In high school, she developed a passion for politics when she was sponsored by the Wynne chapter of the Women’s American Legion Auxiliary to attend Arkansas Girls State. There, she was elected out of about 900 girls as the 2001 Girls State Governor. That summer, she was awarded an internship with the state's Lt. Governor Win Rockefeller. During that internship, she was part of a life-changing moment. The Lt. Governor asked her to write a speech for him to give a college graduation. She did and he read it word for word, something he usually didn't do with his staff. Smith has said of that moment, "To see your billionaire, world-famous, Lt. Governor quote your words verbatim is overwhelming. Do you know what that does to a kid from the Delta?" In high school, Smith went on to letter in women's basketball, leading the team to its first state playoff appearance in years. She was elected to the Arkansas All-Star Basketball team, was her class president, and graduated with honors.

She went on to college at Ouachita Baptist University in Arkansas, where she majored in political science and minored in communications and history, and played for the school's women's basketball team. She is also a graduate of the Buckley School of Public Speaking. Smith went on to take part in internships with former Arkansas Governor Mike Huckabee, U.S. Congressman John Boozman of Arkansas, and served a clerkship at the U.S. Department of Labor. In 2004, she won a speech/essay contest sponsored by MTV called "Stand Up and Holla." That same year, she spoke at the Republican National Convention, just before First Lady Laura Bush addressed the nation.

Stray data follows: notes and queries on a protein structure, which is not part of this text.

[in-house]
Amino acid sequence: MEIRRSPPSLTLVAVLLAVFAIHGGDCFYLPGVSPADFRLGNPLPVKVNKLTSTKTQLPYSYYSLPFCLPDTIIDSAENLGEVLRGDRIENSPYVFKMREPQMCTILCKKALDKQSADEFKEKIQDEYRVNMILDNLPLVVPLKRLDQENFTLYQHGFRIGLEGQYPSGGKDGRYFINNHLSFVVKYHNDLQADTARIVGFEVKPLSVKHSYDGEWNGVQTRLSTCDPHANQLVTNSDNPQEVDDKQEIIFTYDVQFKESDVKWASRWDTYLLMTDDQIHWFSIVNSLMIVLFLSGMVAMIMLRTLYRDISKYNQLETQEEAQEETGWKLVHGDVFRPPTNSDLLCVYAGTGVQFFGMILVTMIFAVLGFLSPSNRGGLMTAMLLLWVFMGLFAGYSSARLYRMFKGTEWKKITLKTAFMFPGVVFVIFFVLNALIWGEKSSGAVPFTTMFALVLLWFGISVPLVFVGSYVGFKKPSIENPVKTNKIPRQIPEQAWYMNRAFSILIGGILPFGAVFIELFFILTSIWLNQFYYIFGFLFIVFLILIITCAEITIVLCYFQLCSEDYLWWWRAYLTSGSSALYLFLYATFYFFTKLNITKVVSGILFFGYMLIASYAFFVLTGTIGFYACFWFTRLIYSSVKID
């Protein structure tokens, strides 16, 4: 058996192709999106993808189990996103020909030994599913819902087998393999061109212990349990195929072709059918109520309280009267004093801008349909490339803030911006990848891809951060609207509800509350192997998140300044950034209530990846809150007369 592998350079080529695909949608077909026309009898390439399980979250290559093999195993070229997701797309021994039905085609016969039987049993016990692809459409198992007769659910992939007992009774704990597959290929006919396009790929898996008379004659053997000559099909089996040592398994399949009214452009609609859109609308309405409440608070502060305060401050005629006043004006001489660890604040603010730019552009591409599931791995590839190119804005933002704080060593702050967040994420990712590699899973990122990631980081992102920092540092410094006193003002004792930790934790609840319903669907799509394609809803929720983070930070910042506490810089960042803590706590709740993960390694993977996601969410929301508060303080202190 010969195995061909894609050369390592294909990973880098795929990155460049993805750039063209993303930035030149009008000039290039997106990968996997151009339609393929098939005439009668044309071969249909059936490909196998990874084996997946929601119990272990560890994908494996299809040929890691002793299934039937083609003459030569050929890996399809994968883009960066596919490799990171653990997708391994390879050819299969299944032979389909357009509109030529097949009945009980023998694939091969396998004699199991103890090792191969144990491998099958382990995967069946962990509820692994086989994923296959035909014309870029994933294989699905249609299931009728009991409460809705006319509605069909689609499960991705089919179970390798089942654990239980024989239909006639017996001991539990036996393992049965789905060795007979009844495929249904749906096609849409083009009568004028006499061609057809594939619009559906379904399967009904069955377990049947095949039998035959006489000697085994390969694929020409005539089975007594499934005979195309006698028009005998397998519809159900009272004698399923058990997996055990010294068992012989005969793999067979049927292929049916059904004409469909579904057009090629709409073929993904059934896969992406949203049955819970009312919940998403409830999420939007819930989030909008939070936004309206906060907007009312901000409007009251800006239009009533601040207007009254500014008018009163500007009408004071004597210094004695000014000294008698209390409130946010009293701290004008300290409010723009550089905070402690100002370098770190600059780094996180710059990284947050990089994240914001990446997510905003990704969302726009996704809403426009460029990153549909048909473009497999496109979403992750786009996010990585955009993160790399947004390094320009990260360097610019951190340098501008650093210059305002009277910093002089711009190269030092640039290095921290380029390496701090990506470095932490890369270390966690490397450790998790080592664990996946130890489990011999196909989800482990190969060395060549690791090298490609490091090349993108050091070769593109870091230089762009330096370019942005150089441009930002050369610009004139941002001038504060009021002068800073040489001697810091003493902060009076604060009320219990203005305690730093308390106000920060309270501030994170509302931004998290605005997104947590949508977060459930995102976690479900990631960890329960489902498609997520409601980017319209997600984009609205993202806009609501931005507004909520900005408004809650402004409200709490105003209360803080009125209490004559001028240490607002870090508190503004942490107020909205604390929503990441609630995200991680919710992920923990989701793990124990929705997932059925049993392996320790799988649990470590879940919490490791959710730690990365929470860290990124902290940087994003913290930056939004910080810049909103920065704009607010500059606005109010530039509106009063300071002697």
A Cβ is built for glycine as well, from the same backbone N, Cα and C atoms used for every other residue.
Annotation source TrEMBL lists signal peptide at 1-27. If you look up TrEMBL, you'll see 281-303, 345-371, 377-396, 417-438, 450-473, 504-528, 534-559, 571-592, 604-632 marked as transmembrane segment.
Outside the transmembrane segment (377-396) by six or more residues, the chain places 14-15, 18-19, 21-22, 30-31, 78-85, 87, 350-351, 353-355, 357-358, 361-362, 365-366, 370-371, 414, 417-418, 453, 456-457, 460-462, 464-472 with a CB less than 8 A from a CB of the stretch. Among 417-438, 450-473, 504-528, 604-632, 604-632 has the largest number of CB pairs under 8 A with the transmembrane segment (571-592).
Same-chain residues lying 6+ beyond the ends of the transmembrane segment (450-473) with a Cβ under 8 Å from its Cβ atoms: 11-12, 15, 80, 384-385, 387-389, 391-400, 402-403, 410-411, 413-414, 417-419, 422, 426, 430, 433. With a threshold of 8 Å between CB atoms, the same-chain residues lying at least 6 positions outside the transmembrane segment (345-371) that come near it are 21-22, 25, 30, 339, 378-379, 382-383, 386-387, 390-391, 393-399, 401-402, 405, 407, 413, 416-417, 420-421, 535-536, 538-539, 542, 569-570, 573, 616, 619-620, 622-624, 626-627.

In 2006, she served as the E-Campaign Director for then Maryland Lt. Governor and current Republican National Committee Chairman Michael Steele. In that position, she managed all electronic communications for the campaign, including the official campaign website. She has also served as a Communications Director and as the National Spokesperson for American Solutions and has been a guest lecturer at the Leadership Institute, speaking on topics such as "New Media" and "Grassroots Activism." She is also a visiting fellow at the Independent Women's Forum and has worked as a political contributor for the following media outlets: FOX News, FOX Business News, CNN, CBS, MSNBC, BET, Bloomberg News, PBS, France 24, EuroAmerican News, Danish Broadcasting, NPR, the New York Times, USA Today, XM Satellite Radio, The Chronicle of Higher Education, Essence Magazine, YouTube News, XM Radio, AOL Radio/TV, Black America Web,, Huffington Post.

You can read more about what Smith stands for and why she's running for office at